According to a United States of America, Center for Diseases Control (CDC) study in 2020 the rate of autism is 1 autistic child for every 54 children. This latest data would mean around 13,000 plus people in Bhutan living with some form of austism in Bhutan and also thousands of autistic children in Bhutan with many parents not even aware.
World Autism Awareness Day is an internationally recognized day on 2nd April every year basically to take measures to raise awareness about people with Autistic Spectrum Disorders (ASD) throughout the world.
Autism is a complex developmental disability caused by neurological disorder leading to a barrier in social interaction skills and communication with repetitive behavioral movement. It is significantly more common in boys than in girls though the exact reason for that remains unclear.
Symptoms are usually seen by the age of 2. Children with this condition can display a unique pattern of behavior and severity ranging from mild to disabling.
Having poor eye contact, lack of facial expression, failing to or being slow to respond to someone calling their names, retreating into his or her own world, having verbal communication, difficulty expressing emotions, having unusual tone and being less or more sensitive to sounds and lights are some of the symptoms.
Because Autism is a spectrum Disorder, each person with autism has a distinct set of strengths and challenges. The challenges faced are not only by the person with the disorder but also the family members and the organizations.
Bhutan observed the day since 2013.
There are five different organizations working for the Disability fraternity.
Phensem Parents Support Group (PPSG) is one of the first registered parents support group in Bhutan. PPSG was registered as a Civil Society Organization in 2020.Phensem works in advocating, empowering and building the capacity of the parents and families.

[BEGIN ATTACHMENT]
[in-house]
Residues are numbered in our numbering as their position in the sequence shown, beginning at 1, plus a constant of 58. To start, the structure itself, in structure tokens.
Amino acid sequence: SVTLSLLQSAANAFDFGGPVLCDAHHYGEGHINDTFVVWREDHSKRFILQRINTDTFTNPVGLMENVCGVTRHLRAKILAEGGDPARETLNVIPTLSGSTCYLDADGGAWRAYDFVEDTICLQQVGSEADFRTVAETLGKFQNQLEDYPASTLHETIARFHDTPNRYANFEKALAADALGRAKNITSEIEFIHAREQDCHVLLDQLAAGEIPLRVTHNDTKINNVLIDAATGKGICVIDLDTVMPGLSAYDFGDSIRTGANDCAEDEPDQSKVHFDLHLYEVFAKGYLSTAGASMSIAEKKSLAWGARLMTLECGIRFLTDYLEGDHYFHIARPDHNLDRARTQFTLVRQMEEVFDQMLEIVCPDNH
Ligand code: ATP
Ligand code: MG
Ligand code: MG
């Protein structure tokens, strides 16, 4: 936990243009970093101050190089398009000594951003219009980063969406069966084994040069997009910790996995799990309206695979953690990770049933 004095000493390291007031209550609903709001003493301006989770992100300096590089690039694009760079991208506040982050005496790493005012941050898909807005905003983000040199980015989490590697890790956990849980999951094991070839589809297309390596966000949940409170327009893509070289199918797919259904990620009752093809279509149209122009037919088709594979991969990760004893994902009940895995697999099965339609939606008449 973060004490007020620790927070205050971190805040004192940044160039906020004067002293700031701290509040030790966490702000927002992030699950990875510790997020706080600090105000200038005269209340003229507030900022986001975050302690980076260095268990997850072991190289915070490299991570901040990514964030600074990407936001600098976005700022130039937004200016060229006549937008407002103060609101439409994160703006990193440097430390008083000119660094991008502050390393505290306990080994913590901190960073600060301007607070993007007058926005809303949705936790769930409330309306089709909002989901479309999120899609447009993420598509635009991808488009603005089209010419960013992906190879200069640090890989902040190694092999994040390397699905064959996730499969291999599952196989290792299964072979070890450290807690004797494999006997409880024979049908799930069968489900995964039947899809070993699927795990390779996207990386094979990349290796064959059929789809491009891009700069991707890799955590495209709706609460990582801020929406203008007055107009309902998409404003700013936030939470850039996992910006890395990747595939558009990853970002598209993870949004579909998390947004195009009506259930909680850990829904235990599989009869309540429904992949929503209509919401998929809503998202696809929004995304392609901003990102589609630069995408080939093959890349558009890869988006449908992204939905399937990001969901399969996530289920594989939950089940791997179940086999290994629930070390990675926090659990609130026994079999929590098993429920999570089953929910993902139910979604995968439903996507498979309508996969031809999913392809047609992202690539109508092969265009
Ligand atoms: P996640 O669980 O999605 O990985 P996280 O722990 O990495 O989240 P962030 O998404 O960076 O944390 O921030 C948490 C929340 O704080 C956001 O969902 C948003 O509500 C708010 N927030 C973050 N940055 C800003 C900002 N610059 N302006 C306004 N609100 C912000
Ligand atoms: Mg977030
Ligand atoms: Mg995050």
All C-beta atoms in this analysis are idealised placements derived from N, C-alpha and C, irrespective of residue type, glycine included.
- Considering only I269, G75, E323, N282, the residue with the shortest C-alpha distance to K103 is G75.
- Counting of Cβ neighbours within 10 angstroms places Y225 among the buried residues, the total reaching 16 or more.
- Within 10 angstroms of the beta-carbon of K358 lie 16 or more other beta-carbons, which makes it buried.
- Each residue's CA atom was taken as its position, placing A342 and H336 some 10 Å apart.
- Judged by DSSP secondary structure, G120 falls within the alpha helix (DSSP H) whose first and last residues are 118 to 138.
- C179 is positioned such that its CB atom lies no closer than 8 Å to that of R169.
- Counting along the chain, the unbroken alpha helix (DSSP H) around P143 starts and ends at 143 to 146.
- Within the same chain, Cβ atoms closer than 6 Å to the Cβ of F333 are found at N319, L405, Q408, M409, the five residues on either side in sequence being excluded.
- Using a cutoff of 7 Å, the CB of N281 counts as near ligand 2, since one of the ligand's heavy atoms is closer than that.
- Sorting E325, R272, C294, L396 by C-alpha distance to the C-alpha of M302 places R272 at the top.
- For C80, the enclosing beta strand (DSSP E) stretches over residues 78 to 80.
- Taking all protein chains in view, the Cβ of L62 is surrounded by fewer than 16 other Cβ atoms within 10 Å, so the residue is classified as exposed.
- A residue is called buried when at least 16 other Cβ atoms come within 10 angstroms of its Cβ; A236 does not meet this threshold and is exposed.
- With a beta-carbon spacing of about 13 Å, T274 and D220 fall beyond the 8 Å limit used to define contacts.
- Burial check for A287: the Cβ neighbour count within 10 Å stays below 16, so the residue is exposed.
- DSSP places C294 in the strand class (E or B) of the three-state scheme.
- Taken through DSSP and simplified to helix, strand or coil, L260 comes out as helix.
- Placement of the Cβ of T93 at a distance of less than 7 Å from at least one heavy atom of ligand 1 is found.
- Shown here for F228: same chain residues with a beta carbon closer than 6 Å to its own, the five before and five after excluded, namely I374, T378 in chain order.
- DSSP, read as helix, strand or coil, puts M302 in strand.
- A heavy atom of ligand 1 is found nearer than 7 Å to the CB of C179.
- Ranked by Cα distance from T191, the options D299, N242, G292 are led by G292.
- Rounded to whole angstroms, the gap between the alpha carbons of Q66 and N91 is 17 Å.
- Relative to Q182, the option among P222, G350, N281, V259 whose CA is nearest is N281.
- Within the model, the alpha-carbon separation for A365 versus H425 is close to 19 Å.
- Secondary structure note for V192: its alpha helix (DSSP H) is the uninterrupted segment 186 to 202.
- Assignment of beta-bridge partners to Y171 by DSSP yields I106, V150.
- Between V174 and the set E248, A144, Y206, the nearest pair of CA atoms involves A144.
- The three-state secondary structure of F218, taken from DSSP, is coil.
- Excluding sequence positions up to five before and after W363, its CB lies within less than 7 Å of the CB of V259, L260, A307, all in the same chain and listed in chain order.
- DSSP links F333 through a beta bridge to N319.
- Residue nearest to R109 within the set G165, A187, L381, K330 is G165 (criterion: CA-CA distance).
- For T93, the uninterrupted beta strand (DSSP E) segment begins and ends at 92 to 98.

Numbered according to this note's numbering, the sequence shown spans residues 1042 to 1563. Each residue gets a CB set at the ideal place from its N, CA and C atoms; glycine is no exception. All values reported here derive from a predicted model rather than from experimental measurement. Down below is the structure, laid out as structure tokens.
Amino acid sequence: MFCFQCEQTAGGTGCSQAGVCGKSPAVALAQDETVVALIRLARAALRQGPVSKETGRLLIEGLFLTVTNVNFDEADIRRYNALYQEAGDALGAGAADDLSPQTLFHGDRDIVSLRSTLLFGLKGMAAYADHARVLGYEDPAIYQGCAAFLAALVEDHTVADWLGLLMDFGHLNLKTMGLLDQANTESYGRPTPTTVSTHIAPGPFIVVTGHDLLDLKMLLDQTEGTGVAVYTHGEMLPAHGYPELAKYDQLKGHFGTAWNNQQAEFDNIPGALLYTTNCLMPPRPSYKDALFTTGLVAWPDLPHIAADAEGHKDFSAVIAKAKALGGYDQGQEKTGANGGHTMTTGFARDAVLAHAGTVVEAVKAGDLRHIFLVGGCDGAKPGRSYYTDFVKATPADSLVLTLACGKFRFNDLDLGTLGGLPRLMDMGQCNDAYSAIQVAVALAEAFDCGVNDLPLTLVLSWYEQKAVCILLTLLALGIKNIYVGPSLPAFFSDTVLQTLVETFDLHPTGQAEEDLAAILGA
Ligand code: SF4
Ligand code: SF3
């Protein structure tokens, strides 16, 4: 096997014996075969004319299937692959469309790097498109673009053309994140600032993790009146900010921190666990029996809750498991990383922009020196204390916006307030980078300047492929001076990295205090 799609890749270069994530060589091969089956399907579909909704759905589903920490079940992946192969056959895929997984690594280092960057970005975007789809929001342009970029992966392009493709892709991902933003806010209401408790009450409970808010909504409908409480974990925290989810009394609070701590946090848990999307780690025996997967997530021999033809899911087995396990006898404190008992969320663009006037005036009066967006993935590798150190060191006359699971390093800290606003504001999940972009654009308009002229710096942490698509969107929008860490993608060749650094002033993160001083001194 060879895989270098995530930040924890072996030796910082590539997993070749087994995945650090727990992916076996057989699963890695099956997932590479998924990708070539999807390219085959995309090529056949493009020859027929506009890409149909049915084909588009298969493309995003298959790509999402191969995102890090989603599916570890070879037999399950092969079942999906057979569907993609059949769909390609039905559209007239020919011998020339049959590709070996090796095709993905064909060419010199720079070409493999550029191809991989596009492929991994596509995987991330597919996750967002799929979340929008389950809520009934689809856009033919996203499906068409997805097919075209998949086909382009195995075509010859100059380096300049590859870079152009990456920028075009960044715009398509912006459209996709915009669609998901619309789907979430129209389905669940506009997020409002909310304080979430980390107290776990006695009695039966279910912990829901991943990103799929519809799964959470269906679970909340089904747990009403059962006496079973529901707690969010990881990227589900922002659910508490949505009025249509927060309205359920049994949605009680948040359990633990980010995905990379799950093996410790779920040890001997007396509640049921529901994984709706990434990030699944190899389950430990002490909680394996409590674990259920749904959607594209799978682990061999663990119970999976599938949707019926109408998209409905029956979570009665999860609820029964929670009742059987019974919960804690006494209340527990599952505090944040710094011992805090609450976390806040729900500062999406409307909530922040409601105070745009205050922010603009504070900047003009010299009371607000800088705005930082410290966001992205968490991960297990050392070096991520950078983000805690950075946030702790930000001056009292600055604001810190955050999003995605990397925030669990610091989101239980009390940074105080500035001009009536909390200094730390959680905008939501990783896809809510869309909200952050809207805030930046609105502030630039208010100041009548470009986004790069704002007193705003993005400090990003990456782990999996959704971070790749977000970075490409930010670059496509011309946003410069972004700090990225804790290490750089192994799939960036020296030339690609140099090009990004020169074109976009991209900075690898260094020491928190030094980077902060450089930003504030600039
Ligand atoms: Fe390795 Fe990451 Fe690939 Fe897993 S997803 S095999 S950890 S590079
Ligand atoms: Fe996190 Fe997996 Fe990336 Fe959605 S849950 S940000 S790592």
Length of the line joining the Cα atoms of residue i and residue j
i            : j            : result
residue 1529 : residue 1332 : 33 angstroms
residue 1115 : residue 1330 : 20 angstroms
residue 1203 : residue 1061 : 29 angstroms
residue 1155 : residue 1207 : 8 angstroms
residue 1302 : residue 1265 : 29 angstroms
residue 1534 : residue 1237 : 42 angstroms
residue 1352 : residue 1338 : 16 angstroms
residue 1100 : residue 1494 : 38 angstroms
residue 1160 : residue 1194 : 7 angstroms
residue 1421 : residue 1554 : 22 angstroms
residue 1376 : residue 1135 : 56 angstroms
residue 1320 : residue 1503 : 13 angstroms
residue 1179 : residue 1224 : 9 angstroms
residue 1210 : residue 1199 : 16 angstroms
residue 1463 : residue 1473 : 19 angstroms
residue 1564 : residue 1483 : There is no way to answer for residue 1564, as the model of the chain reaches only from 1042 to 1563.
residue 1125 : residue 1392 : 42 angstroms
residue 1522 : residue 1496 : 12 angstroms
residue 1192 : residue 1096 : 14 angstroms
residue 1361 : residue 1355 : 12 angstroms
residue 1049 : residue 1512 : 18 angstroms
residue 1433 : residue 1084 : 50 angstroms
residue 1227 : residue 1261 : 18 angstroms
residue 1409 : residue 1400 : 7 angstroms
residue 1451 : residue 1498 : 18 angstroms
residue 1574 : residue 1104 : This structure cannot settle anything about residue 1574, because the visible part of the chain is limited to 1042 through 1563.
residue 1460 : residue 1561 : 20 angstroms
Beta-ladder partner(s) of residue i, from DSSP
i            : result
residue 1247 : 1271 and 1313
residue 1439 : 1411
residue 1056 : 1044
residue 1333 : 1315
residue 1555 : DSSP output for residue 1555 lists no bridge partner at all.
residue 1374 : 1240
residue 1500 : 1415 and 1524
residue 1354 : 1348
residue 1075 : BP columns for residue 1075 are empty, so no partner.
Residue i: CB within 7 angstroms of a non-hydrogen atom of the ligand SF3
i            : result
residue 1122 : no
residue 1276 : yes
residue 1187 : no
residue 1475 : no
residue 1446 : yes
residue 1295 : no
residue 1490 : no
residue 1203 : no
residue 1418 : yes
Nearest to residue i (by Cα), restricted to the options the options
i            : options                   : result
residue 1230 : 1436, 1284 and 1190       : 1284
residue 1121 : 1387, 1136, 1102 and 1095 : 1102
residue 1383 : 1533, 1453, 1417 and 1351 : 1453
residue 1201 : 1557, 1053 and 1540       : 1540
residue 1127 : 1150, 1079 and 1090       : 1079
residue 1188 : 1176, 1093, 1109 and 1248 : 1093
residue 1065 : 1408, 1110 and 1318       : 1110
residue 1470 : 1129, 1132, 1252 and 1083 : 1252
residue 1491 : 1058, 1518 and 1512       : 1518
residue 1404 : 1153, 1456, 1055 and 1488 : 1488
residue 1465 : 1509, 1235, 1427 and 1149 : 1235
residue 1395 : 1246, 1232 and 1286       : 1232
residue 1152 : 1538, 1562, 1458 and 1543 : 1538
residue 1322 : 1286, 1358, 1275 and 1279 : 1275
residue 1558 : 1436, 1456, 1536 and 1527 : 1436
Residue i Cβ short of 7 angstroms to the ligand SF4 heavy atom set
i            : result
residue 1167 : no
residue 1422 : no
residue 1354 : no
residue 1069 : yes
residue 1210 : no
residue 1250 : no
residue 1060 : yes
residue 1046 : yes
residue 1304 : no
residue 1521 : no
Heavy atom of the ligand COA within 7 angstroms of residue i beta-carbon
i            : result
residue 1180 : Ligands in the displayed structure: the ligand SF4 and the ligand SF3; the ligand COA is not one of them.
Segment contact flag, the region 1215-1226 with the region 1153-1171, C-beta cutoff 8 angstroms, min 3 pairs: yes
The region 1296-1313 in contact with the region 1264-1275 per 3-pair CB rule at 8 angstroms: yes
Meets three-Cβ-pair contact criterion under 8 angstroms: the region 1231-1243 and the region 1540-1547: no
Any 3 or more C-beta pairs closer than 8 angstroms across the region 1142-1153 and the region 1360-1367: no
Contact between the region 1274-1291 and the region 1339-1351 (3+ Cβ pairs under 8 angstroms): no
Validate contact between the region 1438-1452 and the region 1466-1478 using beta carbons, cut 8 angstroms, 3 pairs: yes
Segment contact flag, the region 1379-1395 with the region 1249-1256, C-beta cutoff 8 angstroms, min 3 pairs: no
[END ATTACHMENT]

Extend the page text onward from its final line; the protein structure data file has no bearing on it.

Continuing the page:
“Because of our own struggle and the challenges we faced, how we were involved with our children and what progress we saw in our own children and how much of comfort from each other when we came together made us felt that the support group was very necessary for parents and families”, said Karma Sonam Dorji one of the founder of PSSD and a mother of a child with ASD.
Most people are still not aware of the term ‘autism’. Autism has no exact cause and it cannot be cured medically but autistic people have gone through the management of symptoms or development of skills and support, which includes behavioral, psychological, and educational therapy.
One has to accept that it is a lifelong disorder and seek for intervention as early as possible says Ugyen Wangchuk, the Executive Officer of Ability Bhutan Society (ABS).
While they have national policy at broader level, the action plan from the Ministry was not specific to this particular disability since disability has different needs.
The main concern in the country as of today is diagnosis as Bhutan lacks capacity and as a result ABS has been seeking guidance virtually from the speech pathologist of the Australian Catholic University.
Another major issue is that apart from early diagnosis there is a need for early intervention and Bhutan lacks trained speech therapists, behavioral therapists and other experts.
Meanwhile Memorial Chorten and Chang Lam among others were lit up on friday in the blue colour, the colour of autism, and messages were shared on the billboard to recognize the fourteenth annual world Autism Awareness Day aiming to foster understanding and acceptance for those with autism.
The blue light is an annual event initiated by Ability Bhutan Society.